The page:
In his research, Yohe (who will retire from teaching at Wesleyan at the end of the academic year) describes himself as a “consumer” of data produced by federal agencies like NASA and NOAA, as well as the 169 member-nations of the United Nations Framework Convention on Climate Change. But, he says, using data to convince the public of the urgency of climate change can be tricky.

“In an era where science has been dismissed as irrelevant and false, we have to be very careful,” he says. “One mistake arguing that the climate issue is existential for the planet can be fatal.

“Most Americans learn about the effects of climate change on TV or on social media, but many see the effects from their kitchen windows. These amateur observers, as well as the climate change community, need to be careful about attributing every extreme weather and climate event to human emissions of greenhouse gases. But, recent forensic attribution suggests that much of the damage from recent severe hurricanes, wildfires in the West, and the fracturing of the Arctic vortex can all be linked to higher concentrations of heat-trapping gases. The data and the underlying analyses are convincing, and the growing number of amateurs are right.”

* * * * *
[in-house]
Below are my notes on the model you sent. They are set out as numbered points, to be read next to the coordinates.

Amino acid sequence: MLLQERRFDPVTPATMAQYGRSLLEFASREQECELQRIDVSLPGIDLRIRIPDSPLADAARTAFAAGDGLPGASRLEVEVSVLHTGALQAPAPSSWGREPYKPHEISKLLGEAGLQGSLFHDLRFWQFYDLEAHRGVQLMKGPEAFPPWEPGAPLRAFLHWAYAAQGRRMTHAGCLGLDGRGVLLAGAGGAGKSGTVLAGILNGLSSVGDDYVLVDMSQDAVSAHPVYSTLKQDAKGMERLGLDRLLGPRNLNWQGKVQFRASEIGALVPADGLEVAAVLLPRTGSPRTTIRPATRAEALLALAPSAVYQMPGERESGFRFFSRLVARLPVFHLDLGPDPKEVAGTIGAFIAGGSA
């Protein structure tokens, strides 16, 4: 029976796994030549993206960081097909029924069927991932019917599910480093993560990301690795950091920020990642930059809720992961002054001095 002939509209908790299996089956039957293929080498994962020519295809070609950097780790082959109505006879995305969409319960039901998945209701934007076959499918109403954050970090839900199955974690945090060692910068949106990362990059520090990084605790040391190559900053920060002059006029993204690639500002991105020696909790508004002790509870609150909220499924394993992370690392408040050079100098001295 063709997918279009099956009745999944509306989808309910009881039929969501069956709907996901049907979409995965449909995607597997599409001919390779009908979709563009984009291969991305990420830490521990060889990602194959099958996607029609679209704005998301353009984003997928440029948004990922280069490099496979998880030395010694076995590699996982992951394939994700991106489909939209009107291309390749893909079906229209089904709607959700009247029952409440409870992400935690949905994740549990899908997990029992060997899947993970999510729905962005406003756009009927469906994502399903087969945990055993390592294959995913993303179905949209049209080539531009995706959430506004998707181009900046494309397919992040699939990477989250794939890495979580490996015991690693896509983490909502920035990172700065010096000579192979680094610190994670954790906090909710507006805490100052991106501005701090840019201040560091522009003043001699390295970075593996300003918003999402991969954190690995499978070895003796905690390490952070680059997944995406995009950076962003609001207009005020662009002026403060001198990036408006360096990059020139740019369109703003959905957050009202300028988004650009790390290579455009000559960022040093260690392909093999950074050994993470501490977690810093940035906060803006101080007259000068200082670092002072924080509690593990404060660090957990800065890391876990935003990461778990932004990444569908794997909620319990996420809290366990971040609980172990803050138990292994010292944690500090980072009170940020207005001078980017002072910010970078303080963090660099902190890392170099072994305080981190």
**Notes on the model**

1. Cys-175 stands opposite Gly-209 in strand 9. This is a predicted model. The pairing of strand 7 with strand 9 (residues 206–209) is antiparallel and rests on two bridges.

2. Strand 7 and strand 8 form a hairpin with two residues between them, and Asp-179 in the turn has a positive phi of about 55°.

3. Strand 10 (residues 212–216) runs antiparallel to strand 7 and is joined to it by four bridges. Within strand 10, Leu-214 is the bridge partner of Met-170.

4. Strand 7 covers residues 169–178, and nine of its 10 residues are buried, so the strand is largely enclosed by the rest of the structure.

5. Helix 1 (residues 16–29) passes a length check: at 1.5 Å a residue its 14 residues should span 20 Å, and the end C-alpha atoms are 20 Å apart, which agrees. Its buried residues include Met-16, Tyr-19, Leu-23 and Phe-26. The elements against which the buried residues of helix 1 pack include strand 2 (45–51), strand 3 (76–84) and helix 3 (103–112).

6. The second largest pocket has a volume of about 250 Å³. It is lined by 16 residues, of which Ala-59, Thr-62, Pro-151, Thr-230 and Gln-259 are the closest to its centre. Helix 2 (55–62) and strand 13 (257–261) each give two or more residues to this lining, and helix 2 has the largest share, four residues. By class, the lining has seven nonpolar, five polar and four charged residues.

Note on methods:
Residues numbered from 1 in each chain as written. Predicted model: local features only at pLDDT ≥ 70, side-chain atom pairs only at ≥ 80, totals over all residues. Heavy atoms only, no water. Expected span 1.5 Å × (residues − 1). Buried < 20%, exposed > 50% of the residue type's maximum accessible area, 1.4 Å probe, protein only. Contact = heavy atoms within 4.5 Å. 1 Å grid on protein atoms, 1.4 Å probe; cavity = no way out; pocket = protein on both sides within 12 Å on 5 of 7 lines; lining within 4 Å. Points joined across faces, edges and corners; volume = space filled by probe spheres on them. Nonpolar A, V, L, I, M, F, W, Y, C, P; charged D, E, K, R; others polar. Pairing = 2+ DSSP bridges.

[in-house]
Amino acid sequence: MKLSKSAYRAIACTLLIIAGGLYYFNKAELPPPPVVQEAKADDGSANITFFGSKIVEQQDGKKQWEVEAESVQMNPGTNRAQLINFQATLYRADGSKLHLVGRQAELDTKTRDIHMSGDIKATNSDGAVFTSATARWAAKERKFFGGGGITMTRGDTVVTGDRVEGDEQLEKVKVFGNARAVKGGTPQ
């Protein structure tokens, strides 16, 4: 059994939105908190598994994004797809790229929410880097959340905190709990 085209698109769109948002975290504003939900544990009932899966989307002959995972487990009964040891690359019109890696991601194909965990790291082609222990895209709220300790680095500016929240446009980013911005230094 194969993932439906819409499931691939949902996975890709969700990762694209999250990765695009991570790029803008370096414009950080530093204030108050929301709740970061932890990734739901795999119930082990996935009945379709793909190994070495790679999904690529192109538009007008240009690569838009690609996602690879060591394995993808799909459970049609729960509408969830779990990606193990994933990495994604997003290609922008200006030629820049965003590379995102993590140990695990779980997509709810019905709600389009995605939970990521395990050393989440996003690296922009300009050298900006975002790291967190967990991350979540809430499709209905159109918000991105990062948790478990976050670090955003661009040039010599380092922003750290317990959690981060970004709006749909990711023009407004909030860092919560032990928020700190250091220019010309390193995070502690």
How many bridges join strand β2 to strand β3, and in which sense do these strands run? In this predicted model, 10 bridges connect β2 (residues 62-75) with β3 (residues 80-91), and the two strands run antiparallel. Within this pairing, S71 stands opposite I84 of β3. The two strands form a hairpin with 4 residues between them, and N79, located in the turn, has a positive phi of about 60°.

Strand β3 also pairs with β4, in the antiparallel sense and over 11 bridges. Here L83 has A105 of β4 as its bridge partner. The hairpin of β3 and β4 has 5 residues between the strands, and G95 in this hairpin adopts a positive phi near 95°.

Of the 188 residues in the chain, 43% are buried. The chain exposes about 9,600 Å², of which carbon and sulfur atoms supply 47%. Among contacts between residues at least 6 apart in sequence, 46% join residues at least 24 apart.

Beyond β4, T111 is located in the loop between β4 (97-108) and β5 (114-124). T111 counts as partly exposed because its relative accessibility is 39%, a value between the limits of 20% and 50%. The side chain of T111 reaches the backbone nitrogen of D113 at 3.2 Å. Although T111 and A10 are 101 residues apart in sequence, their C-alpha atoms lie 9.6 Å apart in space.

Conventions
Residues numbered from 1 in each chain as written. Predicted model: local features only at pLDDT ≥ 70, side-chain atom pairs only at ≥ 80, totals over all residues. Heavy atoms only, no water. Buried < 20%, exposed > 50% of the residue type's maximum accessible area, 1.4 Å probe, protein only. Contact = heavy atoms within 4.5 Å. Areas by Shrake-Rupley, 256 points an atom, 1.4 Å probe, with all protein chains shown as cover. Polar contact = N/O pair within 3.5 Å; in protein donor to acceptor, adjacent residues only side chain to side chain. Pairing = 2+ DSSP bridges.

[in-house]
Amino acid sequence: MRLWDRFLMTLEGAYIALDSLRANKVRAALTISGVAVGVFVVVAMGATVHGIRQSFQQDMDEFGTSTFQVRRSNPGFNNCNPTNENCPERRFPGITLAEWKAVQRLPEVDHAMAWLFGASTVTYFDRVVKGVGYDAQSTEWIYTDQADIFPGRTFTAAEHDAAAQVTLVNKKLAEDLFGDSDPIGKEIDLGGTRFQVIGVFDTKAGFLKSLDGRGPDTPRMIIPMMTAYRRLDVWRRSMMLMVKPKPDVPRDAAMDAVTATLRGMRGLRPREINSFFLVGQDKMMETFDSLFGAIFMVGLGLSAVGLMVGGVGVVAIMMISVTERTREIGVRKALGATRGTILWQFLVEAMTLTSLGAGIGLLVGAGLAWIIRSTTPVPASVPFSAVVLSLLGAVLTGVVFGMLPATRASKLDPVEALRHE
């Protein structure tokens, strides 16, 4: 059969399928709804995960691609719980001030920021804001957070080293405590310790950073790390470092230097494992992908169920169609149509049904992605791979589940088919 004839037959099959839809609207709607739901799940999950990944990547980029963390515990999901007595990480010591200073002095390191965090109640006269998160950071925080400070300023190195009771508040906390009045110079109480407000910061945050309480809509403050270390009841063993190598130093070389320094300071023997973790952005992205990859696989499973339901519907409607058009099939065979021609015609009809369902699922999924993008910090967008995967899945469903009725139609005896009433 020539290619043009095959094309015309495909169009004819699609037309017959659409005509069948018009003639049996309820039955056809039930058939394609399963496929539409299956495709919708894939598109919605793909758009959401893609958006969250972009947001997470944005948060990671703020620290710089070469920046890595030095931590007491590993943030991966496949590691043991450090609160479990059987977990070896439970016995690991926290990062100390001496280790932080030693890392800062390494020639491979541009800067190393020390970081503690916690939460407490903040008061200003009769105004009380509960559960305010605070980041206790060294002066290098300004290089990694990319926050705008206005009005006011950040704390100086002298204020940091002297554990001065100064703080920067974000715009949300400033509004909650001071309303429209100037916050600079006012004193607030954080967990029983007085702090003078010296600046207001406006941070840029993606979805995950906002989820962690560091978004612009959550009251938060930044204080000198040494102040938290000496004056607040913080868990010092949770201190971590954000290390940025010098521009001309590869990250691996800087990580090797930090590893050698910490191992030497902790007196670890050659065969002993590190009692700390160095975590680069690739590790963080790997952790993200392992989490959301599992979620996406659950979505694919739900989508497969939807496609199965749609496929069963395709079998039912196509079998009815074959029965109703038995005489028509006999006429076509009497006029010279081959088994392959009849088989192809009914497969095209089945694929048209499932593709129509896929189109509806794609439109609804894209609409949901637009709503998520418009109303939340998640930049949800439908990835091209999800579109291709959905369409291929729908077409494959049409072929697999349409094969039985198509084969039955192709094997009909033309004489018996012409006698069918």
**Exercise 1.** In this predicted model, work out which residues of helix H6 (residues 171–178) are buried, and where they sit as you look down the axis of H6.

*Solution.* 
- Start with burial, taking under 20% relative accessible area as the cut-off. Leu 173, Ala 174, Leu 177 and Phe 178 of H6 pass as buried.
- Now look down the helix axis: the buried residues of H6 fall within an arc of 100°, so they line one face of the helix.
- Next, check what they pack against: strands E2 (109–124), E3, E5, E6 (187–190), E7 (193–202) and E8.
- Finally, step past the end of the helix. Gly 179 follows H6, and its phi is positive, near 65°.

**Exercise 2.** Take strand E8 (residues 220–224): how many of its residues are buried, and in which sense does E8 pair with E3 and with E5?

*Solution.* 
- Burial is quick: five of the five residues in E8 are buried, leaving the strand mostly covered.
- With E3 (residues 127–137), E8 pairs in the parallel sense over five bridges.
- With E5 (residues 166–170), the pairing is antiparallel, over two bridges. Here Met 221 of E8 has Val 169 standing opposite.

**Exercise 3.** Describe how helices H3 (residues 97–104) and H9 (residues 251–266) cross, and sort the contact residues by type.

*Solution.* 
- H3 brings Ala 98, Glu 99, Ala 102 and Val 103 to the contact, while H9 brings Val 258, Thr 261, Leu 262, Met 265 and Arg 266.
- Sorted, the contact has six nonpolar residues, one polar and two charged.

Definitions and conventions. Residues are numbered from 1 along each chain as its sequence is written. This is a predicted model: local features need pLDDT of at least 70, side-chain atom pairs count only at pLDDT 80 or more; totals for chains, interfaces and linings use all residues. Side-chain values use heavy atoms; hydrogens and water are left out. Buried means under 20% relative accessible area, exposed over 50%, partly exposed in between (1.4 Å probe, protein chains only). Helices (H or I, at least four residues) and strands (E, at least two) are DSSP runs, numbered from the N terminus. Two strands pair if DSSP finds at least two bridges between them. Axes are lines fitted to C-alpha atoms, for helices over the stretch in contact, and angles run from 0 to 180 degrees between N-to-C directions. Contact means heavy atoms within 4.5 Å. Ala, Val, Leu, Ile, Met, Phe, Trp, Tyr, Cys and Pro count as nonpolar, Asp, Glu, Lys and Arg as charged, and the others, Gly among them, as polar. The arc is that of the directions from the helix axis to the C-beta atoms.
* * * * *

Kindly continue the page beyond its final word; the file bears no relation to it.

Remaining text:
This iconic chart, last published in the 2017 Climate Science Special Report, shows steadily rising carbon dioxide (CO2) concentration from 1960 through 2017, as measured at NOAA’s Mauna Loa Observatory in Hawaii.  CO2 enters the atmosphere through burning of fossil fuels, solid waste, and wood, and is by far the biggest contributor to U.S. greenhouse gas emissions today. Greenhouse gases trap heat in the atmosphere, leading to warming of the air and oceans and other effects of climate change. The “saw-tooth” structure indicates that atmospheric carbon concentrations are rapidly spread across the planet – the annual patterns that simply reflect natural seasonal changes across large continents show up in the middle of the Pacific Ocean in real time.